One way to do this is by focusing on a single word and saying it backward, then moving on to the next one. You can also pick a sentence at random and read it backwards.
Do it a few times and see how quickly you can do it.
The game will improve your concentration, focus, and short-term memory.
12. Solve a math problem in your head
If you’re studying, but your mind keeps drifting to other things, try this: Solve a math problem in your head. It sounds weird, but it’ll help.
The “math problem” doesn’t have to be anything complicated. It can be simple multiplication or division. Or it could be addition or subtraction if you’re younger and not used to doing multiplication and division in your head.
On the surface, solving math problems might not seem like the ideal way to distract yourself from other things, but it works because solving a math problem requires you to focus on what you’re doing — otherwise, you risk getting the answer wrong.
When you do that, it takes your mind off whatever else was distracting it. Afterward, you’ll find that you’re capable of focusing again when needed.
13. Practice foreign language vocabulary words
When you’re studying for a test, the last thing you want is to be constantly reminded of the subject matter. That’s why students often find themselves turning to music or podcasts to distract their minds from what they’re learning.
After all, trying to learn something and thinking about it at the same time is one of the most inefficient study tactics there is.
It’s much better to learn a few foreign language vocabulary words that remind you of the topic you’re studying. That way, when you hear them later on in your day, they’ll cause your mind to be drawn away from your studies.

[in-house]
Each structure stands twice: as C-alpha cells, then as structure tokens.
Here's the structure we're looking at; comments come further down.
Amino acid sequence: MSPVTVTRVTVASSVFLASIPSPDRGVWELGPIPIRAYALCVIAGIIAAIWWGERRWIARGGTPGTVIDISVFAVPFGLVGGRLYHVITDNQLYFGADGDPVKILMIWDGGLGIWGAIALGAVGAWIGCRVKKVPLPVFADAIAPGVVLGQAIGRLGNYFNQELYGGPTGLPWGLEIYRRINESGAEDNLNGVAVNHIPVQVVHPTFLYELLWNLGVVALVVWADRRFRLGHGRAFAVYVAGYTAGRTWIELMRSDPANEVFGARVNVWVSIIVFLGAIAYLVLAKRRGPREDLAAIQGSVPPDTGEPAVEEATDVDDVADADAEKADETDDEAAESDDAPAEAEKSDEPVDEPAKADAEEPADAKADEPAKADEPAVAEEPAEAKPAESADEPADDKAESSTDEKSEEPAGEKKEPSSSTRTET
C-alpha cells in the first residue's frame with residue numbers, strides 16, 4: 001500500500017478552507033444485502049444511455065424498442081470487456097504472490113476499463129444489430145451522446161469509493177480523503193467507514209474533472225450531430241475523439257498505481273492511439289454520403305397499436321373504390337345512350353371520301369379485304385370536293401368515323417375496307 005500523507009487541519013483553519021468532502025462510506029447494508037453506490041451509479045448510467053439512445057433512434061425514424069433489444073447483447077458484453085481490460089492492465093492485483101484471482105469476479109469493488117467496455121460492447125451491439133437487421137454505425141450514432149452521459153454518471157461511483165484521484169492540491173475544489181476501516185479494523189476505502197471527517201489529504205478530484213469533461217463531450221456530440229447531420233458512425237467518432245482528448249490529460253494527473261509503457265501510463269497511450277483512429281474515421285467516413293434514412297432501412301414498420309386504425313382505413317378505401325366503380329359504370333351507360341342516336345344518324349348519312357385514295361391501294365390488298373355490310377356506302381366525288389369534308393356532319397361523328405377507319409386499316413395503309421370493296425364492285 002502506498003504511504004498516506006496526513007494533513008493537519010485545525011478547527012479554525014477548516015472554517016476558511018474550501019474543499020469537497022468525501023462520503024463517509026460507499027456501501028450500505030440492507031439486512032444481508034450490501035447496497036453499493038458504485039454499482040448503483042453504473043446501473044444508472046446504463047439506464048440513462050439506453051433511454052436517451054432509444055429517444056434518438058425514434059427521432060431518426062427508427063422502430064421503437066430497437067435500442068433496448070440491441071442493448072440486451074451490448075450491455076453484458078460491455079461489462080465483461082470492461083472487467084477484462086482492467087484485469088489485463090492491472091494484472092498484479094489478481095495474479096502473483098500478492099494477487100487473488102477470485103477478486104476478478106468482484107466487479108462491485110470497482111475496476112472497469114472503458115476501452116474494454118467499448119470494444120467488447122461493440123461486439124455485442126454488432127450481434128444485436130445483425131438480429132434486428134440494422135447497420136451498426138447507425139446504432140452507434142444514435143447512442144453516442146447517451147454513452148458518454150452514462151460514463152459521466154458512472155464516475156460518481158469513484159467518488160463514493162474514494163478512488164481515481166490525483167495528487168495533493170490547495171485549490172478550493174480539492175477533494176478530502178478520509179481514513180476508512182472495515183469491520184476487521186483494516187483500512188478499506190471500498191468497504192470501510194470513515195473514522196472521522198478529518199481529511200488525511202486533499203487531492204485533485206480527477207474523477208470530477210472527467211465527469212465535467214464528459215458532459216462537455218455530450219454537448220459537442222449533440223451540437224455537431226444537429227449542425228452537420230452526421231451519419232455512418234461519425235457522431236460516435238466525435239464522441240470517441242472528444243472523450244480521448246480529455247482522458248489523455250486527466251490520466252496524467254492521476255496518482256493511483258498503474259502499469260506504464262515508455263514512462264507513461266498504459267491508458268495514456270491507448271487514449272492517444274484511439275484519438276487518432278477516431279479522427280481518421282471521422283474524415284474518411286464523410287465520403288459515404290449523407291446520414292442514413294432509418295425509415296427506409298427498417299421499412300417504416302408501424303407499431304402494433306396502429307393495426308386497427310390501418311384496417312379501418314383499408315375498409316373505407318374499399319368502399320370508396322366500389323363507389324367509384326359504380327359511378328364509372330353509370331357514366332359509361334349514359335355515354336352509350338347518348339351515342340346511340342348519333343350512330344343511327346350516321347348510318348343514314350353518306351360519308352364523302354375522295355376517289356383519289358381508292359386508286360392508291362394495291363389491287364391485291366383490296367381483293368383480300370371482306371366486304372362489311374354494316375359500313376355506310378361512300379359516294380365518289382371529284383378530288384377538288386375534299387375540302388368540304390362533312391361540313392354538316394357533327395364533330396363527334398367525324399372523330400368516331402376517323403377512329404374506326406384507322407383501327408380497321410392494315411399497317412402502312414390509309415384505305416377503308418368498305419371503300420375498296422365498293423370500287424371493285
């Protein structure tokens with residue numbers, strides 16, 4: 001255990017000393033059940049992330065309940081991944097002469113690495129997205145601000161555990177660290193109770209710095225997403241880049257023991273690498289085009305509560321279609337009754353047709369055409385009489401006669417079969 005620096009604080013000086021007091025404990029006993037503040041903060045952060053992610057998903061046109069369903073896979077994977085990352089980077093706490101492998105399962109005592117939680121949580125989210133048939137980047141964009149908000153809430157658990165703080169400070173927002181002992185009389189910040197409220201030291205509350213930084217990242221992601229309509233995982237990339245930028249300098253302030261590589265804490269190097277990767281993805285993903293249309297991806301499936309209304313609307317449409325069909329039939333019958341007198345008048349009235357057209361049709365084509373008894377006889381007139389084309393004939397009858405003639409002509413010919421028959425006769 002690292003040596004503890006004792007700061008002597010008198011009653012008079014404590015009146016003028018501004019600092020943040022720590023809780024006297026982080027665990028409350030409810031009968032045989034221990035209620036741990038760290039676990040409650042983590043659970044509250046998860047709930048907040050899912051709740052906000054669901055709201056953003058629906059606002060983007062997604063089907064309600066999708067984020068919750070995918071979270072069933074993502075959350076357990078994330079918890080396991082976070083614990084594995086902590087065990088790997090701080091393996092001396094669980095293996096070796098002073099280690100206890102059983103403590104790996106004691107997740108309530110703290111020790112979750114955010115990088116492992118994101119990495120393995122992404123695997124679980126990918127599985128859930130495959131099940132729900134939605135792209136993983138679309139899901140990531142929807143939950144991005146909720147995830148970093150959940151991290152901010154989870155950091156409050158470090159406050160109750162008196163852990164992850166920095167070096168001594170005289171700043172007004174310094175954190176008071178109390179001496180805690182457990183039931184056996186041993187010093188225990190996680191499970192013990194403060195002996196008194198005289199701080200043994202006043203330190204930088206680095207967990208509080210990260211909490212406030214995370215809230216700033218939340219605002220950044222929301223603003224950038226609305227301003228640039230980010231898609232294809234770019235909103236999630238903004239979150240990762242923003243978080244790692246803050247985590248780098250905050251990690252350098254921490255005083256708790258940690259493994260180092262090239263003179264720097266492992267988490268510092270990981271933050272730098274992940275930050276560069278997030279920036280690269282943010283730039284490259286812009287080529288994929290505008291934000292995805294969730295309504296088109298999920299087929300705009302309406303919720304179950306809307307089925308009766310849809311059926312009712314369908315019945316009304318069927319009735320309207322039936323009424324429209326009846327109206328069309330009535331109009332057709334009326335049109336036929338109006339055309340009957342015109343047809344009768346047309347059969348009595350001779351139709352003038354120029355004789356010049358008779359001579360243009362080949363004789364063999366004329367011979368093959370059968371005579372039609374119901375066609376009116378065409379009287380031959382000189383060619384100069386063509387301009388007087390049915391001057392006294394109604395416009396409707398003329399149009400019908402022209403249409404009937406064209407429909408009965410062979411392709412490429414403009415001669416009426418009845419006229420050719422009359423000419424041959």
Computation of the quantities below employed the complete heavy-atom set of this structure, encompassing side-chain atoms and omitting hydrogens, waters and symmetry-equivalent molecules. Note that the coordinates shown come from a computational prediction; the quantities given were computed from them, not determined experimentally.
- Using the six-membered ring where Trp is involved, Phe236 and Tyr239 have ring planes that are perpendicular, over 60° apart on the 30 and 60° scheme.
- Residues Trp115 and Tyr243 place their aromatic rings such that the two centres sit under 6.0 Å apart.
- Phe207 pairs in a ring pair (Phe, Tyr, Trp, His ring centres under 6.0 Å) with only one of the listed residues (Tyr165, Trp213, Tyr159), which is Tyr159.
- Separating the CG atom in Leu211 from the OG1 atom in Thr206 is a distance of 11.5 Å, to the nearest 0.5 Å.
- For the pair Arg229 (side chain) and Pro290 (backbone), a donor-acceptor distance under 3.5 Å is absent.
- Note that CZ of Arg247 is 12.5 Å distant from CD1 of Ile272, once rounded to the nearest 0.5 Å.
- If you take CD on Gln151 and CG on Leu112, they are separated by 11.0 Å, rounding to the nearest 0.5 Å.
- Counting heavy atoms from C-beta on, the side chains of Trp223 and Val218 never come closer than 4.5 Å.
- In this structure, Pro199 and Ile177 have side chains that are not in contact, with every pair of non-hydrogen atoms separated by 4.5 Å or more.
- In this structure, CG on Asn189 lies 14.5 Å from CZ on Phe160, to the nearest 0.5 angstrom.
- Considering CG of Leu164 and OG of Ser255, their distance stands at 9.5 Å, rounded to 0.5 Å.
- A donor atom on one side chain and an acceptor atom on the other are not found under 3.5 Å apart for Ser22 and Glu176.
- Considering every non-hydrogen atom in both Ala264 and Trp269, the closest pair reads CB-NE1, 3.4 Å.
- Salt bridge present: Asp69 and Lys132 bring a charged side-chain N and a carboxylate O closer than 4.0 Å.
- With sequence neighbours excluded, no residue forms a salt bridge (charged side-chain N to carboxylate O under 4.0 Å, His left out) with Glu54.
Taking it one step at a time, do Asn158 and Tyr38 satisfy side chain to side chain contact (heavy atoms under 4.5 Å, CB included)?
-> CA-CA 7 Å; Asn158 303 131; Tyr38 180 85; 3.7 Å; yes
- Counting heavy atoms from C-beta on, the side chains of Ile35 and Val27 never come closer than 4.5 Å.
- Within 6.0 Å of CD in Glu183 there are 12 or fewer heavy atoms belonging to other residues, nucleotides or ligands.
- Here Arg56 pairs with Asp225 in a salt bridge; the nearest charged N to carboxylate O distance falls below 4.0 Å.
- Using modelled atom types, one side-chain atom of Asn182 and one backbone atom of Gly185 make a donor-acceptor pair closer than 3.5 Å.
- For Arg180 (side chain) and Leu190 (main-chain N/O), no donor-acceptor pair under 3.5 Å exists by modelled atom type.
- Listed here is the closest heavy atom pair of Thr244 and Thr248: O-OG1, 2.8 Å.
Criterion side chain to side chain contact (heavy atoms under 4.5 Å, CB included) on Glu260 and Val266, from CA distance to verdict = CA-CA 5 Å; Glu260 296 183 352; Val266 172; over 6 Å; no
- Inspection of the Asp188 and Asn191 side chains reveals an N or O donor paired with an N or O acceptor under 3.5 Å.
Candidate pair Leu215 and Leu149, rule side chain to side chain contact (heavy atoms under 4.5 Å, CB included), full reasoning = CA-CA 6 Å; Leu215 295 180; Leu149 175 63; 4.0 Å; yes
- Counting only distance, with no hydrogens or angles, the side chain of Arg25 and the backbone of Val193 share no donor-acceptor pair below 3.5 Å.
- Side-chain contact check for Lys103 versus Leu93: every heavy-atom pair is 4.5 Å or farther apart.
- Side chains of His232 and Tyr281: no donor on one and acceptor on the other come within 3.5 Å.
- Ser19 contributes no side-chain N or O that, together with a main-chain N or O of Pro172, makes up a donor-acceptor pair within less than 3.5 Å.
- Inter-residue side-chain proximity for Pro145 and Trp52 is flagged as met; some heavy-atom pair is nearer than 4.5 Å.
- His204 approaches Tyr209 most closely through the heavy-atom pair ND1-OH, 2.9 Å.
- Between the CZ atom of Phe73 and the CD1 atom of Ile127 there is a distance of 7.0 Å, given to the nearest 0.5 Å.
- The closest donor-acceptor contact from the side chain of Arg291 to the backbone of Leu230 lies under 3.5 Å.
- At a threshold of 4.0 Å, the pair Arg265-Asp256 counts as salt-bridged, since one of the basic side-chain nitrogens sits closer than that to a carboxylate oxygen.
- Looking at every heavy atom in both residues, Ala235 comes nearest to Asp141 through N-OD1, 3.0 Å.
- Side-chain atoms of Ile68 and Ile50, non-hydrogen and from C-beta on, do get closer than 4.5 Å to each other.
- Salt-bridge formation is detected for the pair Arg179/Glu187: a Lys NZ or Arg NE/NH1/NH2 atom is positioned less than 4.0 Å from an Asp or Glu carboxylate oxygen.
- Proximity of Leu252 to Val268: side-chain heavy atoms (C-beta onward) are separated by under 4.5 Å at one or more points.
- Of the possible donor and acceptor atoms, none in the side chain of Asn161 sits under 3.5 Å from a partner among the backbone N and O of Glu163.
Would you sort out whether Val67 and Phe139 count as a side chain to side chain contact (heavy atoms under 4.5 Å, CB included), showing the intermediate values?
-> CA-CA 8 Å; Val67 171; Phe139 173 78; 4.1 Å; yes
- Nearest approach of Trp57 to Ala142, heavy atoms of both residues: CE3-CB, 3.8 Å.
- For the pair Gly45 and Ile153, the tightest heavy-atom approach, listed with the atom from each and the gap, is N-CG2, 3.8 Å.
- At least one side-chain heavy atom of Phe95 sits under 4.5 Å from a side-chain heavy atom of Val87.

So if you’re taking a Spanish class and are currently learning about European geography, use words related to France or Spain as your study vocabulary words.
14. Read a page of a novel or a magazine
When you feel as if you are unable to focus or concentrate, it is recommended that you stop studying for a while and allow your brain to rest. This way, your mind will be able to absorb the information better during the next session.
To do this, try reading a page of a novel or magazine. By doing this, you will be able to keep your mind busy and off of the study materials.
Reading a page from a novel or magazine will help you relax and improve your knowledge about various things in the world. You could learn about new things such as famous people or places in other countries.
15. Think of 10 words that rhyme with the last word you said aloud to yourself
This is an easy technique to distract your mind from studying, and it works on anything. Say “dog” and think of 10 words that rhyme with it.
You could say “book” and think of 10 words that rhyme with book (and you’d have a lot of free time). If you say “apple,” think of 10 words that rhyme with it.
16. Think of as many animals as possible in two minutes (start with “cow,” for example).
Trying to recall as many animals as possible will exercise your “working memory,” which helps you process and retain information.
If your working memory is strong, you’ll be able to recall more animals in a set period, which will put less strain on your long-term memory, which might otherwise become overloaded.